THE FUNCTIONS and powers of the Department of Information and Communications Technology (DICT) need to be reviewed to improve the department’s effectiveness, according to a study by the Philippine Institute of Development Studies (PIDS).

The state think tank said in its study, “ICT regulation and regulatory authority” by consultant Lai-Lynn Angelica B. Barcenas that policymakers must conduct the review as there is currently “insufficient guidance on the scope of the DICT’s power.”

The DICT was authorized by Republic Act No. 10844, or the Department of Information and Communications Technology Act (DICTA) of 2015. It was meant to absorb the communications regulatory function from what was then the Department of Transportation and Communications.

Under the DICT are the National Telecommunications Commission, National Privacy Commission and Cybercrime Investigation and Coordination Center.

The PIDS study said the formation of the DICT resulted in “incompatible or overlapping functions with other departments,” including the Postal Regulation Division for courier services, functions of promoting trade and investment in e-commerce, and regulation of telecommunications and broadcast operators and ICT-related manufacturers.

It said while the DICT took over some of the functions of the Postal Regulation Division, it also covers online payments, which is better off under the hands of the Bangko Sentral ng Pilipinas (BSP).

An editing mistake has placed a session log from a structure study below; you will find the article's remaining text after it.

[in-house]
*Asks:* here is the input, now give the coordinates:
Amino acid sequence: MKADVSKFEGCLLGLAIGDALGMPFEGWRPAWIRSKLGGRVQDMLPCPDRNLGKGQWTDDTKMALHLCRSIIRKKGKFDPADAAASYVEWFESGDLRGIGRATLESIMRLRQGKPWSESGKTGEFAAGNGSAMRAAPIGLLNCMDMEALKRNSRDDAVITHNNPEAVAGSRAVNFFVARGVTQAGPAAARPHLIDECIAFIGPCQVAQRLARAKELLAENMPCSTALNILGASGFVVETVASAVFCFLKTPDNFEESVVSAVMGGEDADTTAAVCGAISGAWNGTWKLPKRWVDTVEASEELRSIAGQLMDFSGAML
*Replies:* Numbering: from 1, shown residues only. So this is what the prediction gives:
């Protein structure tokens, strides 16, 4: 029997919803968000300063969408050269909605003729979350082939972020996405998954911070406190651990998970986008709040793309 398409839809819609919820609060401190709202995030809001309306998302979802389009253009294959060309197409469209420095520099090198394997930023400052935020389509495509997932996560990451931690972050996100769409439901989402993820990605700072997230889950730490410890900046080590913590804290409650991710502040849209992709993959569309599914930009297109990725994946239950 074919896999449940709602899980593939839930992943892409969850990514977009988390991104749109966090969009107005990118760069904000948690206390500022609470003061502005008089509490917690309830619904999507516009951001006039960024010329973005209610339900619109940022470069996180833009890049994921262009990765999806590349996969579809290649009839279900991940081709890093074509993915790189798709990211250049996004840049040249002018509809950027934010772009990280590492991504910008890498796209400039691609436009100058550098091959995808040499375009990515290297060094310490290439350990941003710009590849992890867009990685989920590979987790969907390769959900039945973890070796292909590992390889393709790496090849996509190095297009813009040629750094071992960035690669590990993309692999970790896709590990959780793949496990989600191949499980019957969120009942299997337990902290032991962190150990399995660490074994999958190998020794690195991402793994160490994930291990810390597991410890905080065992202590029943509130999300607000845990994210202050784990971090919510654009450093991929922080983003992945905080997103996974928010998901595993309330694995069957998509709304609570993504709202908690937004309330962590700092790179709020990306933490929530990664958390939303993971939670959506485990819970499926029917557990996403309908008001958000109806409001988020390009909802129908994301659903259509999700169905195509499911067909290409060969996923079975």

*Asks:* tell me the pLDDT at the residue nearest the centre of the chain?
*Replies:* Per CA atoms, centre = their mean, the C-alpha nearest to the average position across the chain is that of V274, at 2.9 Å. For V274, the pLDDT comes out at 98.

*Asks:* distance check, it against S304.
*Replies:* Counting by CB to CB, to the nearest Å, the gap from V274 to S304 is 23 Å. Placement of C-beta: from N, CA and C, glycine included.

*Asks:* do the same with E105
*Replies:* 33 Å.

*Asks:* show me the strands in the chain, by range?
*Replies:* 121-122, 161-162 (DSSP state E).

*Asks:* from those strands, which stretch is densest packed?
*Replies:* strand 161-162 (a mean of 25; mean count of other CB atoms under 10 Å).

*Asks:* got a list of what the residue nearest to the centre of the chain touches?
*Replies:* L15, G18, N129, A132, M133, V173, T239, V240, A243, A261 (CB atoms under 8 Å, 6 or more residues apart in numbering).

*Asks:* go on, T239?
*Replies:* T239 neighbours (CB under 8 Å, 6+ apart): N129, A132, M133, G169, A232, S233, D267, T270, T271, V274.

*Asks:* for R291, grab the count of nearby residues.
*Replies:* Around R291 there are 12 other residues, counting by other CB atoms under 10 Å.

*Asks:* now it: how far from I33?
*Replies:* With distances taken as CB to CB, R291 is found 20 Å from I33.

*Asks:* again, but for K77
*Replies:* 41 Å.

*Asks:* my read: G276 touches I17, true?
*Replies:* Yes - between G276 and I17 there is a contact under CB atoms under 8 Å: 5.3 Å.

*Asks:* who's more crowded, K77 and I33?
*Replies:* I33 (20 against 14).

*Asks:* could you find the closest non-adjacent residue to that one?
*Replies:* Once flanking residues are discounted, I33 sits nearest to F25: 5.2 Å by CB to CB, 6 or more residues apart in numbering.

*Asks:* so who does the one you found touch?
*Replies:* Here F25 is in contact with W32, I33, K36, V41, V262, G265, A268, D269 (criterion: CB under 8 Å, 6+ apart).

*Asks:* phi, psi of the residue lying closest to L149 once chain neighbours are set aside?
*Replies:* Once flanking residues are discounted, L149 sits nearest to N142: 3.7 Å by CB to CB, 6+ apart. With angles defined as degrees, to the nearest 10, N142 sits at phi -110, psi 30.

“Given the potential for overlaps with other government agencies, the lack of specificity in the extent of the powers of DICT creates uncertainty,” it said.

Ms. Barcenas noted this could be solved by issuing regulations and joint issuances with the departments whose functions overlap with that of the DICT, such as the BSP and the Department of Trade and Industry.

Aside from overlapping functions, the study also noted how the DICT could exercise its authority in welcoming ICT investment in the country, as restrictions such as foreign ownership and acquiring legislative franchises are still roadblocks to ICT development.

“With the challenges in the legal interpretation of ‘Internet business,’ establish innovative measures that will encourage further innovation in the ICT sector.

This could include the creation of regulatory sandboxes for businesses wishing to test an emerging technology without being bound by all the regulations that would normally apply,” it said.

“But for services that affect public interest, such as mass media, there is a need to study how to balance the need for innovation with the need to regulate content, such as child pornography, fake news, cyberbullying, and fraud, among others,” it added.

DICT Acting Secretary Eliseo M. Rio, Jr. was asked to comment, but had not replied at deadline time. — Denise A. Valdez